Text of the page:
What to make of direct lenders’ prospects?

Direct lending has enjoyed years of tailwinds – now it must confront the headwinds.

Direct lending has experienced enormous growth since the global financial crisis, filling a gap that retrenching banks left behind. It has also been a market driven by tailwinds while constantly bracing itself for an inevitable downturn. Now that one is here, what is the outlook?

One investor we asked found that almost one-quarter of his organisation’s private debt portfolio companies were subject to high impact from covid-19. Unsurprisingly, many of these were in vulnerable sectors such as retail, hospitality and travel. Eyes are on the operational models that GPs talked about when they raised their funds and whether those models will live up to their billing. Some think this is an environment where the private debt arms of private equity firms may come into their own because of the ability to tap private equity colleagues’ operational nous. But there have always been concerns over possible conflicts of interest.

From around 2010-13 a net return of around 8-10 percent was considered par for the course for direct lending. Since then, competition has compressed returns and made that target range more like 6-8 percent. How returns fare in the period ahead depends on the level of defaults. This is tricky to assess. Everyone knows they’ll go higher, but few would dare to predict exactly how high.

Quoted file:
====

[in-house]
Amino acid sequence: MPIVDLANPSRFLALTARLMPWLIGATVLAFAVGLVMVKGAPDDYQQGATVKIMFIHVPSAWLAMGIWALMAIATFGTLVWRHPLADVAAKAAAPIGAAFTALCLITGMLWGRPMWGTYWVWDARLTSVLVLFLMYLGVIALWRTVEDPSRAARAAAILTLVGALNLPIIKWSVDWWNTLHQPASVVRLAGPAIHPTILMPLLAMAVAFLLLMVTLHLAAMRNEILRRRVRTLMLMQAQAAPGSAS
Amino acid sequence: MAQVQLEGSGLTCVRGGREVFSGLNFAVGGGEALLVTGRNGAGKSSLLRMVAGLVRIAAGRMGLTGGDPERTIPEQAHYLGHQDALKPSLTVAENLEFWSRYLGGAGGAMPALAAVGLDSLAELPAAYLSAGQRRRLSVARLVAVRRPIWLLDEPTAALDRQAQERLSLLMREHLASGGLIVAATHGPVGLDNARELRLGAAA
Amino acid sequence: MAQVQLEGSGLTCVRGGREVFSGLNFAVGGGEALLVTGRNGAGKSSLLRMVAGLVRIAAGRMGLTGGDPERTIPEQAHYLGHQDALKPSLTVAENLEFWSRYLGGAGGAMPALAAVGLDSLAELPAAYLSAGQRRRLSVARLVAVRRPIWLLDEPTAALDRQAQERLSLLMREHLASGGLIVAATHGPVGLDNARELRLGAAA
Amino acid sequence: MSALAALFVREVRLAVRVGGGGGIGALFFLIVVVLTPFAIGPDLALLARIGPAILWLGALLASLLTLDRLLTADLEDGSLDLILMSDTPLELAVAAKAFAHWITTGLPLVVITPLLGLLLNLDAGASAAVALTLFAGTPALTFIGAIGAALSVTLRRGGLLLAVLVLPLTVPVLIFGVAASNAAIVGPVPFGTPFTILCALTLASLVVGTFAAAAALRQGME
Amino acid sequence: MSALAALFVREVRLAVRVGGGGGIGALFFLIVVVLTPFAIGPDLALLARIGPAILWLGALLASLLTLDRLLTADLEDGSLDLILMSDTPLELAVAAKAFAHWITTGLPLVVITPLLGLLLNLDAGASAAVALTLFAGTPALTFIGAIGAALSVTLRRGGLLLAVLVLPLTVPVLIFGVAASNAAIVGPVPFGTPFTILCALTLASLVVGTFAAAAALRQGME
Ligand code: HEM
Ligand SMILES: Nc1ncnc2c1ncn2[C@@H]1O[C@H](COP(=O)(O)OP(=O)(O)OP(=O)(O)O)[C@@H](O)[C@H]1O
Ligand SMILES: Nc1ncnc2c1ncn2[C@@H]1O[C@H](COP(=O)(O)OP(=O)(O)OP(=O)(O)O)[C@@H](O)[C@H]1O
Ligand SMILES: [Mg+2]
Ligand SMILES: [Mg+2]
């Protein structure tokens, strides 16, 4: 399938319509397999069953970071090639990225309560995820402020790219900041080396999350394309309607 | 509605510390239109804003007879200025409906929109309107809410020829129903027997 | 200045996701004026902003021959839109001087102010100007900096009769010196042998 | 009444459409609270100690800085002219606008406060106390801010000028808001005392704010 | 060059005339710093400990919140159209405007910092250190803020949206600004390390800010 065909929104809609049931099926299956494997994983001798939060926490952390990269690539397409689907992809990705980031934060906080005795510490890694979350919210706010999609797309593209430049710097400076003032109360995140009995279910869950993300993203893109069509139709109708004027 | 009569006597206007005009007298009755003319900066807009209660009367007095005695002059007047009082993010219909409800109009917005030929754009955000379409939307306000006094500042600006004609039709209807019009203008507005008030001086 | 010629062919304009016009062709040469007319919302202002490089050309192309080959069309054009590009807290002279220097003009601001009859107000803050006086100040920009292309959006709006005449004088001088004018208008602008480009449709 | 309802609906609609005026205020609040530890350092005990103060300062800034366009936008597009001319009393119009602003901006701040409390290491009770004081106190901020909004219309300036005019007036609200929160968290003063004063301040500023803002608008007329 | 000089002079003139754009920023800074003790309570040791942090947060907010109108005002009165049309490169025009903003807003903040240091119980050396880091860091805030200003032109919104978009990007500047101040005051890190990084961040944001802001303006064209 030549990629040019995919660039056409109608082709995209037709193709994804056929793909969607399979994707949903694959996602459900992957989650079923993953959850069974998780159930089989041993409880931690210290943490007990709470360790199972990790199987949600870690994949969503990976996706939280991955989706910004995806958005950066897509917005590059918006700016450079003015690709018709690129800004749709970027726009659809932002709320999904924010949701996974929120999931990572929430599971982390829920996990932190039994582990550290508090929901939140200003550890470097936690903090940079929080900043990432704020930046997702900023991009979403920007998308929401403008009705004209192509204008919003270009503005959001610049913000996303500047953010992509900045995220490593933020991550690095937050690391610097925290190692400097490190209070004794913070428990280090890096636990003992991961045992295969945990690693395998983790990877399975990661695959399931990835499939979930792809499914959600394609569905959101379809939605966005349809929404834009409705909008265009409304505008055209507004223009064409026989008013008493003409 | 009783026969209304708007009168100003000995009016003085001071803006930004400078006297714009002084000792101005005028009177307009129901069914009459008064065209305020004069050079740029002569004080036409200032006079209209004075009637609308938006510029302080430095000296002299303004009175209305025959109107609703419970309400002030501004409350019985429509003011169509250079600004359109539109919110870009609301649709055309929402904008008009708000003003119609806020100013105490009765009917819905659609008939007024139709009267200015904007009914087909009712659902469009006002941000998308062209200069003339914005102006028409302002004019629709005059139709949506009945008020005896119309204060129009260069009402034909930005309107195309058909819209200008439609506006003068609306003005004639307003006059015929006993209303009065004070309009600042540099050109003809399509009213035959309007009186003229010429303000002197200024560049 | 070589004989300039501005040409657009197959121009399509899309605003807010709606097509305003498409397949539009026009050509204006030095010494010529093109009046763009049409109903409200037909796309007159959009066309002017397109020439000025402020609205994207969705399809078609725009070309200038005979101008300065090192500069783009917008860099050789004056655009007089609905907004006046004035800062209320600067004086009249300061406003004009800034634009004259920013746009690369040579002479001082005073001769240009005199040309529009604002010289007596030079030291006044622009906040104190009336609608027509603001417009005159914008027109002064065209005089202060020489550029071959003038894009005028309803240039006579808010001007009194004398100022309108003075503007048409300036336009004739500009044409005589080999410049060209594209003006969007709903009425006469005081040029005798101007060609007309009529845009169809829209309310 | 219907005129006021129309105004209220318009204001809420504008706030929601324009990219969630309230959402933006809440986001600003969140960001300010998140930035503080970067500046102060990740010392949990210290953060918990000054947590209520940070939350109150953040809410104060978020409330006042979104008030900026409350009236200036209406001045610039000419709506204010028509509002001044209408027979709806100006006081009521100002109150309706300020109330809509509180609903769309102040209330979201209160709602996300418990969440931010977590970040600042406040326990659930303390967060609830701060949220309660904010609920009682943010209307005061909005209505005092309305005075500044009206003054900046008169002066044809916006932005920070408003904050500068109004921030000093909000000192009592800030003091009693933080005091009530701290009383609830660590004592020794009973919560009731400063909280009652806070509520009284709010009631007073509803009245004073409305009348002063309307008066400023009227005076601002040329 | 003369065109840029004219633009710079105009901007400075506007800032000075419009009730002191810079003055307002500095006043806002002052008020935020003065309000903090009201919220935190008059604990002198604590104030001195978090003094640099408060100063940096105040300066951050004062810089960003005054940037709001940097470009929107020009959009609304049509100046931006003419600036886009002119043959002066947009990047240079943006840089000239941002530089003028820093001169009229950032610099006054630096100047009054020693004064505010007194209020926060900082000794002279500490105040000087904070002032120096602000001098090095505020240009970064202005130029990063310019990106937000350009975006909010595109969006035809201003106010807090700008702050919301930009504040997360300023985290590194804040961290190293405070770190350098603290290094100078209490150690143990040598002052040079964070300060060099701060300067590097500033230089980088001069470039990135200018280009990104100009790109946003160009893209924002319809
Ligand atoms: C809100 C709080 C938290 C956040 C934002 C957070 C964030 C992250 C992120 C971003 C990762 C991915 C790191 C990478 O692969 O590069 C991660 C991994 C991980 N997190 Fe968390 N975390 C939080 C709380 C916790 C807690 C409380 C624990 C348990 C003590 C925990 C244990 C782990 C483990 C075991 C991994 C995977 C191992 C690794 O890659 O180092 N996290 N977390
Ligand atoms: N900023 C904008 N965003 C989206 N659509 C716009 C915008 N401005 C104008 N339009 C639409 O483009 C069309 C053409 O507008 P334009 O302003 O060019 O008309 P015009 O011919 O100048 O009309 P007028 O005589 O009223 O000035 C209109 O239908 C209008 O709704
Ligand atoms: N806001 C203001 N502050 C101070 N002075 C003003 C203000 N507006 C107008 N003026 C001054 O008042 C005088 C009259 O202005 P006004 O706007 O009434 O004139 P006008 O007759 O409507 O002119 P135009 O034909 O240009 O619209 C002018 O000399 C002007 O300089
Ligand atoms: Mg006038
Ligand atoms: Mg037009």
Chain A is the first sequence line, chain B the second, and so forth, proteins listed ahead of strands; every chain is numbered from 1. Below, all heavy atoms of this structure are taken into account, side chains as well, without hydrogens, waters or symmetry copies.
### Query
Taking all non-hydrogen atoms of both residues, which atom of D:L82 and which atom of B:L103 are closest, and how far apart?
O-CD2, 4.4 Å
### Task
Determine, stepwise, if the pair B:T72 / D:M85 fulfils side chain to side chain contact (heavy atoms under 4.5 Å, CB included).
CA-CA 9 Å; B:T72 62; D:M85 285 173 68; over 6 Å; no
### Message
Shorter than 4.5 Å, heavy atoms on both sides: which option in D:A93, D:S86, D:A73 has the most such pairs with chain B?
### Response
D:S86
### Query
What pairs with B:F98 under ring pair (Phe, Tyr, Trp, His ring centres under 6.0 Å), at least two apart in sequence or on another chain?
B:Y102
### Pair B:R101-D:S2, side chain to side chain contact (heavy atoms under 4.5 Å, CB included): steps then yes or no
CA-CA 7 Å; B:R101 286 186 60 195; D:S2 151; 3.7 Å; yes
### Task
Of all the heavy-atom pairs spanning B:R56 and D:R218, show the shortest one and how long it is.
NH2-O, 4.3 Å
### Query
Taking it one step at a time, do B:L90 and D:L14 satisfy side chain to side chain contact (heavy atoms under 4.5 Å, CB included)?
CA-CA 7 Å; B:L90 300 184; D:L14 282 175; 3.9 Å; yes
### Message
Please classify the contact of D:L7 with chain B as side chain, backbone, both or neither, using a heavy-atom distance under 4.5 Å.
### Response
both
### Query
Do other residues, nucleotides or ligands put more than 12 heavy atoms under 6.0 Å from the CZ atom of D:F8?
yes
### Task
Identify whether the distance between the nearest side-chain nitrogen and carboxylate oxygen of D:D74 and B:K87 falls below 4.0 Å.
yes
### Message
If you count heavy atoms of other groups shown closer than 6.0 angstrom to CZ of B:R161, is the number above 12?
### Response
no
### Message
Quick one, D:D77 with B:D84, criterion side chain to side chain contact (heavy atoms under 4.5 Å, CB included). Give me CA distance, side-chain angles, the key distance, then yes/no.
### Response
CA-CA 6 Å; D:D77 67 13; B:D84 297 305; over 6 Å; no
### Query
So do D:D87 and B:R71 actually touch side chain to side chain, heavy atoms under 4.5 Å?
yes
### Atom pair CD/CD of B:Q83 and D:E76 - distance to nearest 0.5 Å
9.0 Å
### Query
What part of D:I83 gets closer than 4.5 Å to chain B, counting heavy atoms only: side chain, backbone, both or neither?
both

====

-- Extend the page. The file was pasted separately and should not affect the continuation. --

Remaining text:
Since the health crisis emerged, documentation has been getting slightly more favourable for lenders. Some sponsors are recognising that certain EBITDA addbacks cannot be justified in such an uncertain economic environment, and also that cash should not be leaked out of businesses that may need to keep hold of that cash for the next year or two at least. However, there is still a lot of competition for deals in sectors perceived to be covid-resilient and, in these cases, bidders are fighting over the terms as well as the price.

While a lot of capital has been raised for distressed debt by global mega-funds, observers have noted a number of new emerging distressed debt managers in Europe targeting niche opportunities – including the possibility of purchases from direct lenders. This would be something of a novelty for the direct lending market, where secondary trades have been a rarity to date. It may also be a sign that all is not well for everyone.

Keep an eye out for the November cover story in Private Debt Investor, in which we ask limited partners in the US, Europe and Asia-Pacific their thoughts about direct lending.

Write to the author at andy.t@peimedia.com